We’ve been keeping an eye on two large-scale solar projects under development by SolarReserve. The company has procured significant U.S. Department of Energy (DOE)  funding for its Crescent Dunes power project and the Rice solar energy project, both of which are interesting due to their  large scale and their use of molten salt storage technology. But as progress on those projects has been a little slow, Torresol Energy, a joint venture between the UAE’s Masdar and Spanish company SENER, has been quietly building a solar power facility in  Sevilla Spain that uses the same central tower and molten salt storage approach. Now that project, called Gemasolar, is up and running and is laying claim to the rights as the world’s first commercial-scale CSP plant featuring a central tower receiver with thermal storage capabilities.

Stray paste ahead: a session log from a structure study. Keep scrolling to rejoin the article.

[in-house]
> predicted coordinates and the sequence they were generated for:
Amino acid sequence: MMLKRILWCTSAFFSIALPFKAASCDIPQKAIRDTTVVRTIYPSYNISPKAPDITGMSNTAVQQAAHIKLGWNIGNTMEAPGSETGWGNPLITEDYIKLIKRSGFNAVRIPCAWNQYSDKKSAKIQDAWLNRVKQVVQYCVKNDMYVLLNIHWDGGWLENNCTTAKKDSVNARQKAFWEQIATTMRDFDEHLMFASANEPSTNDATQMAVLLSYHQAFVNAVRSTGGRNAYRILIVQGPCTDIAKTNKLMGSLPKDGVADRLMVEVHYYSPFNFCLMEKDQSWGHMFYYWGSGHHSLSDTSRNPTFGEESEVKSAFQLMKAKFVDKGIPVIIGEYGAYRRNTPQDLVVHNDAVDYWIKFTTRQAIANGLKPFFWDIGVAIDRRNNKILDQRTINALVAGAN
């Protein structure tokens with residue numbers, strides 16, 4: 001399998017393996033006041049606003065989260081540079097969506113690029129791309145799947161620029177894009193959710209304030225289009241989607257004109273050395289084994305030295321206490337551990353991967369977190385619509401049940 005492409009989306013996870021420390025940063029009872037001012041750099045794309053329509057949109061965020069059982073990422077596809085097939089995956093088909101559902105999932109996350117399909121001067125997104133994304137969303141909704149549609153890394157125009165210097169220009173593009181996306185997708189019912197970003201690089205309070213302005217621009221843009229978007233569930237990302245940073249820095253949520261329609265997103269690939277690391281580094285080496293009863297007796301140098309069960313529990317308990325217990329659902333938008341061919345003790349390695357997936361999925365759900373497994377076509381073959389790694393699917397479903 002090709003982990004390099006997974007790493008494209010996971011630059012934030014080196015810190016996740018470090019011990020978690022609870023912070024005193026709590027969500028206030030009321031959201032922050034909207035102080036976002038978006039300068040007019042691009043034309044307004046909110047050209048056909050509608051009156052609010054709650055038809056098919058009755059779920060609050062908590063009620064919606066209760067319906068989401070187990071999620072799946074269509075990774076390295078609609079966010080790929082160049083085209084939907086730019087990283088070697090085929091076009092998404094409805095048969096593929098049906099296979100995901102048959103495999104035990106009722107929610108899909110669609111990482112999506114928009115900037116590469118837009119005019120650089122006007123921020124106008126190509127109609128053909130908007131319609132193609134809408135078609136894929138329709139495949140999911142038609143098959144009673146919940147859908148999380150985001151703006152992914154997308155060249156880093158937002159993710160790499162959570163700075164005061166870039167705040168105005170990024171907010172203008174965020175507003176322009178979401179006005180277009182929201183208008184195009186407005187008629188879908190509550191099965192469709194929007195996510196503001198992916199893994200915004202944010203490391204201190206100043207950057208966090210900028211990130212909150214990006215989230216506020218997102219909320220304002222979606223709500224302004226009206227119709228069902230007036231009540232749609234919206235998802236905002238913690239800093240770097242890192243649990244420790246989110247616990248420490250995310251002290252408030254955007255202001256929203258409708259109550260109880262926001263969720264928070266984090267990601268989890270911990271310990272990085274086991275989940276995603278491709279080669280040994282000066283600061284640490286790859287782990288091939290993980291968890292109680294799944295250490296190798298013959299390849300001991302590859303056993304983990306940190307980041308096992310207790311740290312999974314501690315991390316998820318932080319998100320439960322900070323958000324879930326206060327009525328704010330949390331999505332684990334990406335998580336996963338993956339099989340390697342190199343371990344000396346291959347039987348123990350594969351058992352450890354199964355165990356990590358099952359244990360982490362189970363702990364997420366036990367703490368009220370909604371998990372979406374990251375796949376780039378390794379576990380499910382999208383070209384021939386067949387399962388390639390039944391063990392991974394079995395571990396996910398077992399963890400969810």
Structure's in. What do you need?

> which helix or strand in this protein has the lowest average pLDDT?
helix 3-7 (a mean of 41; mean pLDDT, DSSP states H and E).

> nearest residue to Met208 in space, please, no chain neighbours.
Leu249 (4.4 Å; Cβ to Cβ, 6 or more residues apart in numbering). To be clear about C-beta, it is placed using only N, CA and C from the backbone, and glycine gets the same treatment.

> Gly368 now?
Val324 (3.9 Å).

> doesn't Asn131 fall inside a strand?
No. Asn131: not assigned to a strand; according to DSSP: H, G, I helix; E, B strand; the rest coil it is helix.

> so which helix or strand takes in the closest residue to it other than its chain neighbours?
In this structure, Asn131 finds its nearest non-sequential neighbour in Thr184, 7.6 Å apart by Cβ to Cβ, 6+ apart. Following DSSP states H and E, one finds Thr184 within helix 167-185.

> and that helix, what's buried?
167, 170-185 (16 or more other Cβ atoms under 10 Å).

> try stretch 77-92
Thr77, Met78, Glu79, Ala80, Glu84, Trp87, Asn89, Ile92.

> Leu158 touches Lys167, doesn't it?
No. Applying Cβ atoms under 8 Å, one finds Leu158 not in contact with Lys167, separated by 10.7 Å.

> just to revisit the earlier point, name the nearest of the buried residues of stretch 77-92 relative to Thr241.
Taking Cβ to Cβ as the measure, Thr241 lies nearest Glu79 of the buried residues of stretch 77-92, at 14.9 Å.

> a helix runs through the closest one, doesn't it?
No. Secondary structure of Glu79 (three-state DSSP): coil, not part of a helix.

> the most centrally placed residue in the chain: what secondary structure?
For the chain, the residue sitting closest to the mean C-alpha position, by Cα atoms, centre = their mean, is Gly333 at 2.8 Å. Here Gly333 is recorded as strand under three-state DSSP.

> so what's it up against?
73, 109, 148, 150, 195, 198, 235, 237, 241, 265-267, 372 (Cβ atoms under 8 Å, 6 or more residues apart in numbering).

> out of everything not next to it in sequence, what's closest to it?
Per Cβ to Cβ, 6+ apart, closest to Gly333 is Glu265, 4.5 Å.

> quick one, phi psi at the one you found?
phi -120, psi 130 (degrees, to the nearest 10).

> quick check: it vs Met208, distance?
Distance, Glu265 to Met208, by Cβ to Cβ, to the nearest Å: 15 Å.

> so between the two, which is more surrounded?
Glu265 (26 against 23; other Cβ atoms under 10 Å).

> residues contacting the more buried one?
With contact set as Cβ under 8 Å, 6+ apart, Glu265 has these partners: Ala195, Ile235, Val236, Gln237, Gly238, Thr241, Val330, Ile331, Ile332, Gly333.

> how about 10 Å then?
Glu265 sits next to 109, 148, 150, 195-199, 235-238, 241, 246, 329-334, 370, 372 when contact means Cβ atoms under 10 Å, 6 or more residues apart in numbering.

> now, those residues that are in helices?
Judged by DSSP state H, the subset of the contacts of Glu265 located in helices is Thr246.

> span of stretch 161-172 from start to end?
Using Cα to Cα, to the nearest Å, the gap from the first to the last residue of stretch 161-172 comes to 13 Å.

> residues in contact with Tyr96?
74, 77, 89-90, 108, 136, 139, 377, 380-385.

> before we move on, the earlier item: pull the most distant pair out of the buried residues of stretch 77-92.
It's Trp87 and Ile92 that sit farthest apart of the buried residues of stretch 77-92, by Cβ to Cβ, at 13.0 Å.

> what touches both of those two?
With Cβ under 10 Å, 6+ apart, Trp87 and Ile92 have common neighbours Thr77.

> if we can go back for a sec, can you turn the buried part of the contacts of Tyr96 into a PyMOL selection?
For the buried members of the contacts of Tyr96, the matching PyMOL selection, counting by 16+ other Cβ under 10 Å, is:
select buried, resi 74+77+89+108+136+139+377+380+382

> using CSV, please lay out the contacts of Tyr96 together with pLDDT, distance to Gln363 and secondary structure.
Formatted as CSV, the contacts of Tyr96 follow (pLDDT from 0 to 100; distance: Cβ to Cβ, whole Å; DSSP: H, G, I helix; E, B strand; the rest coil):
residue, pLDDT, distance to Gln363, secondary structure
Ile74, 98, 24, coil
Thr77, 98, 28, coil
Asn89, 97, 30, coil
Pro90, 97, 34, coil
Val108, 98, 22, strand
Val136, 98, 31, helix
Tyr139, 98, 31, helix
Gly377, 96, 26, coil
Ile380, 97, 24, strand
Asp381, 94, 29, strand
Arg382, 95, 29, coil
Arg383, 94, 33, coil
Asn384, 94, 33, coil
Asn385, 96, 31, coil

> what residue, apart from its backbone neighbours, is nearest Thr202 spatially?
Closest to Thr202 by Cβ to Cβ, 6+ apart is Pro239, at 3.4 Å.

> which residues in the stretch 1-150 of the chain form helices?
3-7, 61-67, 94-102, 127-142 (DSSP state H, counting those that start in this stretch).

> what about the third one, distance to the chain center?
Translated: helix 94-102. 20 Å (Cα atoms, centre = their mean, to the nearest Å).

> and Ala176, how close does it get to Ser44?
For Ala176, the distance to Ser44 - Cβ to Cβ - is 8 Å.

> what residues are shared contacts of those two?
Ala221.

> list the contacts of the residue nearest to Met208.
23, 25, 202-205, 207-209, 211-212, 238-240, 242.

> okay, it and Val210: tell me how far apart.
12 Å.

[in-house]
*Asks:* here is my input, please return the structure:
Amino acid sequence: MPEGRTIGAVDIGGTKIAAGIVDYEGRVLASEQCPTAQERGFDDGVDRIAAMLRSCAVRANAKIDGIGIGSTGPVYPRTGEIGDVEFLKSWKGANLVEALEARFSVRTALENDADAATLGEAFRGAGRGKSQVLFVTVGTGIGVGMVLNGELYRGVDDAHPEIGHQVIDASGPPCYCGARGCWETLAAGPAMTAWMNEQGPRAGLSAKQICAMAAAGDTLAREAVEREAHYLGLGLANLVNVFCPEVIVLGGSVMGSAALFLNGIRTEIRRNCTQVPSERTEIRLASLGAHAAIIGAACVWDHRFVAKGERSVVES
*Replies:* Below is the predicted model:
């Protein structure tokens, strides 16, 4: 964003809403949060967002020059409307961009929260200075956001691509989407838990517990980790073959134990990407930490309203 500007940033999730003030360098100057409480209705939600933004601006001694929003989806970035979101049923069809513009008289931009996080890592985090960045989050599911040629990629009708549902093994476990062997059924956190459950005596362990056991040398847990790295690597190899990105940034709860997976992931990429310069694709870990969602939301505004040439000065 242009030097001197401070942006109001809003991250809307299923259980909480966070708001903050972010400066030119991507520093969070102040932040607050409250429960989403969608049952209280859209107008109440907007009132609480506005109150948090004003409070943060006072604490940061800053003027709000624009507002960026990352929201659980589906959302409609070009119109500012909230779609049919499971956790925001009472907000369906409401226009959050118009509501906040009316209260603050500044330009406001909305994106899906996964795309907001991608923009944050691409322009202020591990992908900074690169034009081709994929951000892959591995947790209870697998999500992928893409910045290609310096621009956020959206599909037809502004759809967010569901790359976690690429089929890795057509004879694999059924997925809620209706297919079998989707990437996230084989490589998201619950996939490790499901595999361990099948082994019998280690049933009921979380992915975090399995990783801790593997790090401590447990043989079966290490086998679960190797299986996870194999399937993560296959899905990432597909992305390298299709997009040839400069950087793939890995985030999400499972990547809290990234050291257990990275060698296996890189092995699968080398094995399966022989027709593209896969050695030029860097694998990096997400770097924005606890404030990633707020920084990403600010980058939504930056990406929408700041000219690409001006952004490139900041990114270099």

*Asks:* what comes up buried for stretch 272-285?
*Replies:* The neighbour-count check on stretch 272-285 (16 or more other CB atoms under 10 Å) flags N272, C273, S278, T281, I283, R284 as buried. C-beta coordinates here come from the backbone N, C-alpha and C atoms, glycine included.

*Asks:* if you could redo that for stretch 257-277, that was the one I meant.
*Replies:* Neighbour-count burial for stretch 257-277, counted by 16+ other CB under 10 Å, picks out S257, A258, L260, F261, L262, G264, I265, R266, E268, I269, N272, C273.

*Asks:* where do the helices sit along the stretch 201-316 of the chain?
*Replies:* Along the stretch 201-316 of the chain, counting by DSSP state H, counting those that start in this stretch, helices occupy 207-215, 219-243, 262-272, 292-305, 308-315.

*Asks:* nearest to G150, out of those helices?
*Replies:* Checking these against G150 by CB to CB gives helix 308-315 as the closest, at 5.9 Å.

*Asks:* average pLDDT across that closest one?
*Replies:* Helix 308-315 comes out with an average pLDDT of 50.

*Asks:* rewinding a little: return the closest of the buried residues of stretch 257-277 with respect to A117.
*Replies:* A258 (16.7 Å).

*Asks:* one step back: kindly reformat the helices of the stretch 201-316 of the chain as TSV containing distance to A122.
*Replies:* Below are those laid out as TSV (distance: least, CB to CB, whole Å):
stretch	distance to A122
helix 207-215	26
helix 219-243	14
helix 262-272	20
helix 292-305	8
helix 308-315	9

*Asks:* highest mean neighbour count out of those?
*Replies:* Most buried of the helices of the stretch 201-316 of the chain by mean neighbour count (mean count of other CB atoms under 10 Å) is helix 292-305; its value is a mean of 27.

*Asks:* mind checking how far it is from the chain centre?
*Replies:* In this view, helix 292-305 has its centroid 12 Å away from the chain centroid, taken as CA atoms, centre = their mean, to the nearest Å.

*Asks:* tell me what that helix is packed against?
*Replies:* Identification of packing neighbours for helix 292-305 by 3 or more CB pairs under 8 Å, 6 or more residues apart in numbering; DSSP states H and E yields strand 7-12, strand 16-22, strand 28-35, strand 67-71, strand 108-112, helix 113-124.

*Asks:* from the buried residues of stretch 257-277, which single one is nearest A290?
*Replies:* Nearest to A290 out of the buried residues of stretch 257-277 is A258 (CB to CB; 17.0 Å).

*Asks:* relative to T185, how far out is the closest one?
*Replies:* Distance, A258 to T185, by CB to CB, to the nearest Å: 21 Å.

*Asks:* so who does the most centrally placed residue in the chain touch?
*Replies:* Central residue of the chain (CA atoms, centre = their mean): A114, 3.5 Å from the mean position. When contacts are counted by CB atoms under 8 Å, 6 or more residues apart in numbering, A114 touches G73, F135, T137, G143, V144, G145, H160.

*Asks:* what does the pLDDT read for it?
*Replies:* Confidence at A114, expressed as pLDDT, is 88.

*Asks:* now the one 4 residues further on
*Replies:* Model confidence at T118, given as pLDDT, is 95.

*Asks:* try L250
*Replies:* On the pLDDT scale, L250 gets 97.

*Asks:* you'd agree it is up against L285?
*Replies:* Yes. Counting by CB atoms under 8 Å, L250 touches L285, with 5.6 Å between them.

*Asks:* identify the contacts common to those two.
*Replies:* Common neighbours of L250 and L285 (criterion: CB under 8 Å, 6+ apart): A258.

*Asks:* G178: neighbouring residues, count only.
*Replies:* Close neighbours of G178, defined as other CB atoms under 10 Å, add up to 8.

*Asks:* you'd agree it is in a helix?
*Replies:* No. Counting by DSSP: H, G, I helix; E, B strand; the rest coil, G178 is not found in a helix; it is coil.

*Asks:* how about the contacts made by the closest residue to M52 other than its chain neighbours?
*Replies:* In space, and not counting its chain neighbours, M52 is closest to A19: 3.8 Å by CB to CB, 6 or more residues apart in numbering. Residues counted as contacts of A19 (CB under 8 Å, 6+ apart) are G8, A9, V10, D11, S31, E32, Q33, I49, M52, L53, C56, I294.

The Gemasolar plant is said to be rated at 19.9 megawatts, so it isn’t quite as large as the 110 megawatt Crescent Dunes or 250 megawatt Rice project are planned to be, but it still boasts some impressive stats. The plant consists of 2,650 solar heliostats which are large, flat mirrors that track the sun’s movement across the sky. The heliostats sprawl across about 457 acres of land that surrounds a tall, centralized tower. The tower converts the light into heat, which is stored in liquefied salt for later use when electricity demands are high or when sun isn’t available.

image via Torresol Energy

Torresol claims its version of the molten salt storage system allows the plant to continue electricity production for up to 15 hours without any solar radiation. With this sort of storage capacity, the company believes its power plant could generate electricity 24 hours a day for several months and at night or during periods when daytime solar radiation is particularly weak.

Torresol is also responsible for  the Valle Valle 1 and 2 projects which are  currently under construction in Cadiz, Spain. These projects have a reported  generation capacity of 50MW each and also utilize the molten salt thermal storage technology. Those plants are expected to commence  commercial operations in late 2011.

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